26th January 2021, 9:15am

 

Keir Giles will be joining us this week to deliver his lecture: 'What Drives Russia To Confront The West?'

Ahead of his talk at the Manchester Lit & Phil, we had chance for a quick Q&A with Keir.

For more information about the event, including instructions for how to register, click here.

If there's a specific question you'd like to ask Keir, then you'll have a chance on Wednesday as part of the Q&A section of the event, when Keir will be taking questions from the audience. 

 

Q: To kick things off, you have devoted a large amount of your professional career to studying Russia. When did your interest begin?

 

A: I started learning Russian at school, and then in France, Finland, and eventually Moscow shortly before the end of the USSR. Since then, yes, I've spent 30 years working with or on Russia in one way or another.

 

Q: Naturally, people will always compare the current political tensions to the Cold War. Is this a fair comparison, or is it outdated?

 

A: It's true that there are some features of what is happening today that remind us of the Cold War. But that risks being a misleading comparison because there are key differences.

Toward the very end of the Cold War relations between Moscow and the West were at least relatively stable and predictable - but we should also think of the decades before that, full of proxy wars and dangerous confrontations.

Russia's idea of how it needs to deal with the rest of the world, with hostility and aggression in any domain where it thinks it will bring an advantage, is once again a major challenge to peace and stability not only in Europe but wherever Moscow feels an ambition to expand its power and reach.

 

Q: If the West views Russia as unpredictable and irrational—how does the Kremlin view the White House?

 

A: Watching the Russian attitude toward Donald Trump has given a case study in how Russia understands, or often misunderstands, politics in Western democracies.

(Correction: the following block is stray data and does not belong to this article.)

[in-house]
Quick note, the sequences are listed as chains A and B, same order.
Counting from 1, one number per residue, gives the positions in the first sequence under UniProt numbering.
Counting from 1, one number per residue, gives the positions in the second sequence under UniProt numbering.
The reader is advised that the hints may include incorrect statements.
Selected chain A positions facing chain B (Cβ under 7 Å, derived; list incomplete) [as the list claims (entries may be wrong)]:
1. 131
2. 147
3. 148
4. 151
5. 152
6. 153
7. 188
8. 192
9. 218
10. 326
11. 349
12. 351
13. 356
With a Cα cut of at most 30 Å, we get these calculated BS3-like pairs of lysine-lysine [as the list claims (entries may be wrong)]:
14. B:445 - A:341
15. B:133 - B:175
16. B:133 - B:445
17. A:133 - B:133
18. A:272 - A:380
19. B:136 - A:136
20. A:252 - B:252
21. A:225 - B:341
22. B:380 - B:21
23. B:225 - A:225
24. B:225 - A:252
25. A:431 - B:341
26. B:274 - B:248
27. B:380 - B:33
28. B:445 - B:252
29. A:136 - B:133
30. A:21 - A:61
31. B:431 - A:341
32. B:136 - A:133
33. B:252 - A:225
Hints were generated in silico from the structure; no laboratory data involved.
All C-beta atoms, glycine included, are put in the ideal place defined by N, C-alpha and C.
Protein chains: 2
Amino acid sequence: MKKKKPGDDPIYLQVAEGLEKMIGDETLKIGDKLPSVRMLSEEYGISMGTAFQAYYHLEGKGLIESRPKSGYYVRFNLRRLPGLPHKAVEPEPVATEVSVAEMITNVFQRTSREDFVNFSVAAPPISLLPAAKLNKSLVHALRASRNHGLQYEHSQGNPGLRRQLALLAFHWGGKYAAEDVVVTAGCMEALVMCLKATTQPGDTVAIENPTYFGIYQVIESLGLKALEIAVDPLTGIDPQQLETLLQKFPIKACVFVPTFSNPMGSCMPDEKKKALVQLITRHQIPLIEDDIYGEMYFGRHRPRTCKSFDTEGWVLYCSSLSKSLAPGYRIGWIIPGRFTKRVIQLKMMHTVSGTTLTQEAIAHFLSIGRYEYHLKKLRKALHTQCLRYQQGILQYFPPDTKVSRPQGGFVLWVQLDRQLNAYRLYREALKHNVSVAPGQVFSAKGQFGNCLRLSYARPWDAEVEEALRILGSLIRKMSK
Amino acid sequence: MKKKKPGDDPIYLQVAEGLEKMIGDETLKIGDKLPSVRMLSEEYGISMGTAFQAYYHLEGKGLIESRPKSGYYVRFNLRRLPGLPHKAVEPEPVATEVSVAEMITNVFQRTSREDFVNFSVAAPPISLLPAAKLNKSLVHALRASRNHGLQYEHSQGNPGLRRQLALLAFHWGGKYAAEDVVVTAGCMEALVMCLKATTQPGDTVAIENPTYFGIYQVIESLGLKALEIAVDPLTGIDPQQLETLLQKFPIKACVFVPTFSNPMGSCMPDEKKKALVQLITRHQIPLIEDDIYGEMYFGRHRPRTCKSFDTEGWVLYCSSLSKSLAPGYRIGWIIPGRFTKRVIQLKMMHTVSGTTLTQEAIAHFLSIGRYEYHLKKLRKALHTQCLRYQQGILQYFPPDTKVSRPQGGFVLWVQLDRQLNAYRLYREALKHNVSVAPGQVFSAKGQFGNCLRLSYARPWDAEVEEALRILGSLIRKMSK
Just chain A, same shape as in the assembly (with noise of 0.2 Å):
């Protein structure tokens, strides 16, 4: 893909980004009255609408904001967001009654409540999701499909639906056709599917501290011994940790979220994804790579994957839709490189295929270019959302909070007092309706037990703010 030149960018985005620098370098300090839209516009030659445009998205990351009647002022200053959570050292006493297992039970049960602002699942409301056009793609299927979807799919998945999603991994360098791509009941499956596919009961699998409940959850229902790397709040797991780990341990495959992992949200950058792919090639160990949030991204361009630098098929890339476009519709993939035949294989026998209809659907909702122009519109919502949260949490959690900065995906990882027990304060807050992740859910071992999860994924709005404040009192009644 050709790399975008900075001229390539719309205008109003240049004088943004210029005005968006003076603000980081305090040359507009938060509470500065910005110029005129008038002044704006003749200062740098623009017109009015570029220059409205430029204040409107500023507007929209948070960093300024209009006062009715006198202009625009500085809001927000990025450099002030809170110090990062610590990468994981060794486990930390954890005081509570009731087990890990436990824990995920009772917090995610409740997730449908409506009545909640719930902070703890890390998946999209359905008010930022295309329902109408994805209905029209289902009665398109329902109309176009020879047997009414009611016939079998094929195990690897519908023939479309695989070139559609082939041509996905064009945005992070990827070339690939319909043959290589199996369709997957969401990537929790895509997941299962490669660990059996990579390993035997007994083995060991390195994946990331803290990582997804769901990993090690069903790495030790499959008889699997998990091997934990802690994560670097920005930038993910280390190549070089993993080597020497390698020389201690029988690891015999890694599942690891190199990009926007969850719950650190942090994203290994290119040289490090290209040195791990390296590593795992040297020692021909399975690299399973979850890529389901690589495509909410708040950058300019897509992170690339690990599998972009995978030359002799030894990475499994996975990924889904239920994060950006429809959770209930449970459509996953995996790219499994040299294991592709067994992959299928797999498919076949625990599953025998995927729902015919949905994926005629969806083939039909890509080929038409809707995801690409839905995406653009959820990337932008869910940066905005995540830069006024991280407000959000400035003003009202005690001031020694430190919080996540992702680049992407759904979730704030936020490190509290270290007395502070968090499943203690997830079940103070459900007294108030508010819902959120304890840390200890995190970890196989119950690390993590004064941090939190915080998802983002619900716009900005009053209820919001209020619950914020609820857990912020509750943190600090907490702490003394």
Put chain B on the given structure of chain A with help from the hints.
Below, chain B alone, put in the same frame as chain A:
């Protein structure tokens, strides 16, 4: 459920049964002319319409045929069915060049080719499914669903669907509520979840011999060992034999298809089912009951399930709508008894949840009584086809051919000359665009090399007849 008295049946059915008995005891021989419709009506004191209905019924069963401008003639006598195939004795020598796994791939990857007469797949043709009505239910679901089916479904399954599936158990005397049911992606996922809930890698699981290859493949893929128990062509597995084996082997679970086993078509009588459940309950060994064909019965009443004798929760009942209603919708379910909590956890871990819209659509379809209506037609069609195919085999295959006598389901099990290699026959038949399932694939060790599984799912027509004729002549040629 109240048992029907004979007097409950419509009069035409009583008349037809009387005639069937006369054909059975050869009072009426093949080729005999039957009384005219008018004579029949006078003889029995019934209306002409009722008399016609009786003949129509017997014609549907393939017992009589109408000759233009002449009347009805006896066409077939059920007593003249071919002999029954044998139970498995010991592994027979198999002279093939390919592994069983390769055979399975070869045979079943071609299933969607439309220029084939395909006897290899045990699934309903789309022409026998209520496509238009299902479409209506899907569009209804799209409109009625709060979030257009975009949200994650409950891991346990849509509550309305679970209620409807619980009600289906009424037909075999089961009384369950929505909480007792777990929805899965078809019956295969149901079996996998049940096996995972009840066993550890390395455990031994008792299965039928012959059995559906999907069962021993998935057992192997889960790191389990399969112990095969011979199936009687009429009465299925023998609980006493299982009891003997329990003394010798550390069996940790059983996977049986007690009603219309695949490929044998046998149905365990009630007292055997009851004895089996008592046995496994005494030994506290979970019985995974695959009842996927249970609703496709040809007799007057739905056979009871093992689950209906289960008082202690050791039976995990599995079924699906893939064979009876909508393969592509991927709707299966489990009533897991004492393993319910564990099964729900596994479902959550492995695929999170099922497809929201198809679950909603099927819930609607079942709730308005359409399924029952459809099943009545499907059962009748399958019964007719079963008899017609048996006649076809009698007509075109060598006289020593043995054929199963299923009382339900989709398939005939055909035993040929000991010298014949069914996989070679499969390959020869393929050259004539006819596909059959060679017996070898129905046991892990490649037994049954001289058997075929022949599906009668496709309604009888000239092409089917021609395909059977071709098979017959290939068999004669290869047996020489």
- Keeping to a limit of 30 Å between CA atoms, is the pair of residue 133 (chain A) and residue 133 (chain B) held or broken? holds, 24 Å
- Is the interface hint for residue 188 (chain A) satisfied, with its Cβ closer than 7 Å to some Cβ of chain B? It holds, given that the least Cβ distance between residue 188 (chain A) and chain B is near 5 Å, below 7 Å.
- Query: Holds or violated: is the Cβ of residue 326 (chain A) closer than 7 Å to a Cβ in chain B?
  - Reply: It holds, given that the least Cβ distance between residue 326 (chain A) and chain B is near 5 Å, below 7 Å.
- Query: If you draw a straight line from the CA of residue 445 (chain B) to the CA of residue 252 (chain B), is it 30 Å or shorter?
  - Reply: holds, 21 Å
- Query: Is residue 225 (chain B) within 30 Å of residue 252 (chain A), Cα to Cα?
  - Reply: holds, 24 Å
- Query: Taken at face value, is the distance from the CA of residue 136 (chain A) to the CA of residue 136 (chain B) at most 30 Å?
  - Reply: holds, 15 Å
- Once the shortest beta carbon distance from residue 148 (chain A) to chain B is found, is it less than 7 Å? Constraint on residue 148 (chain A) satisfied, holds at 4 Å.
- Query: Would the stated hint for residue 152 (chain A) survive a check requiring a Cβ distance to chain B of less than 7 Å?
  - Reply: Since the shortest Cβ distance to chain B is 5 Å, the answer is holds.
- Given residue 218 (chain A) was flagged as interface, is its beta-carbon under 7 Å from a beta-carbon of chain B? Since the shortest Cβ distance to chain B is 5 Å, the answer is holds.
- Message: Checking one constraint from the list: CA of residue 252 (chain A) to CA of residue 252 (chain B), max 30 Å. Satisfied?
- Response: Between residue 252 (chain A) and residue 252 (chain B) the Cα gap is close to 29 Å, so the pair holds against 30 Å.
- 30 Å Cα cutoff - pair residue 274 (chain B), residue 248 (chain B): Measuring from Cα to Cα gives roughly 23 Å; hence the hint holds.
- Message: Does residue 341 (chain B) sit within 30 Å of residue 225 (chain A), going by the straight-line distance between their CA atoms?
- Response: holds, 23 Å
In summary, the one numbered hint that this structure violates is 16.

Trump's image swung between being Moscow's puppet in the White House, to a figure of fun, but underlying it all was the persistent Russian belief that Western leaders have more power than they really do - that as in Russia, they can disregard democratic processes and order change or new policies.

The success of the US government at maintaining rule of law and frustrating some of Trump's more extreme and dangerous initiatives confirmed not only his own suspicions about the "deep state", but also deepened Moscow's conviction that the West is fundamentally untrustworthy.

 

Q: Can you recommend any reading material—either by yourself or someone else—for anyone with an interest on the topic?

 

A: One of the most striking things I found when researching my own book, Moscow Rules was how consistently past descriptions of Russia still ring true today.

Again and again I found diagnoses of the Russia problem from past centuries that could be repeated word for word today.

One of the best explanations of Russia comes from the 1970s: Tibor Szamuely's "The Russian Tradition".

There is also anything by Edward Crankshaw, including "Russia and the Russians".

Among the many, many present-day authors covering the topic I'd recommend Angela Stent.

 

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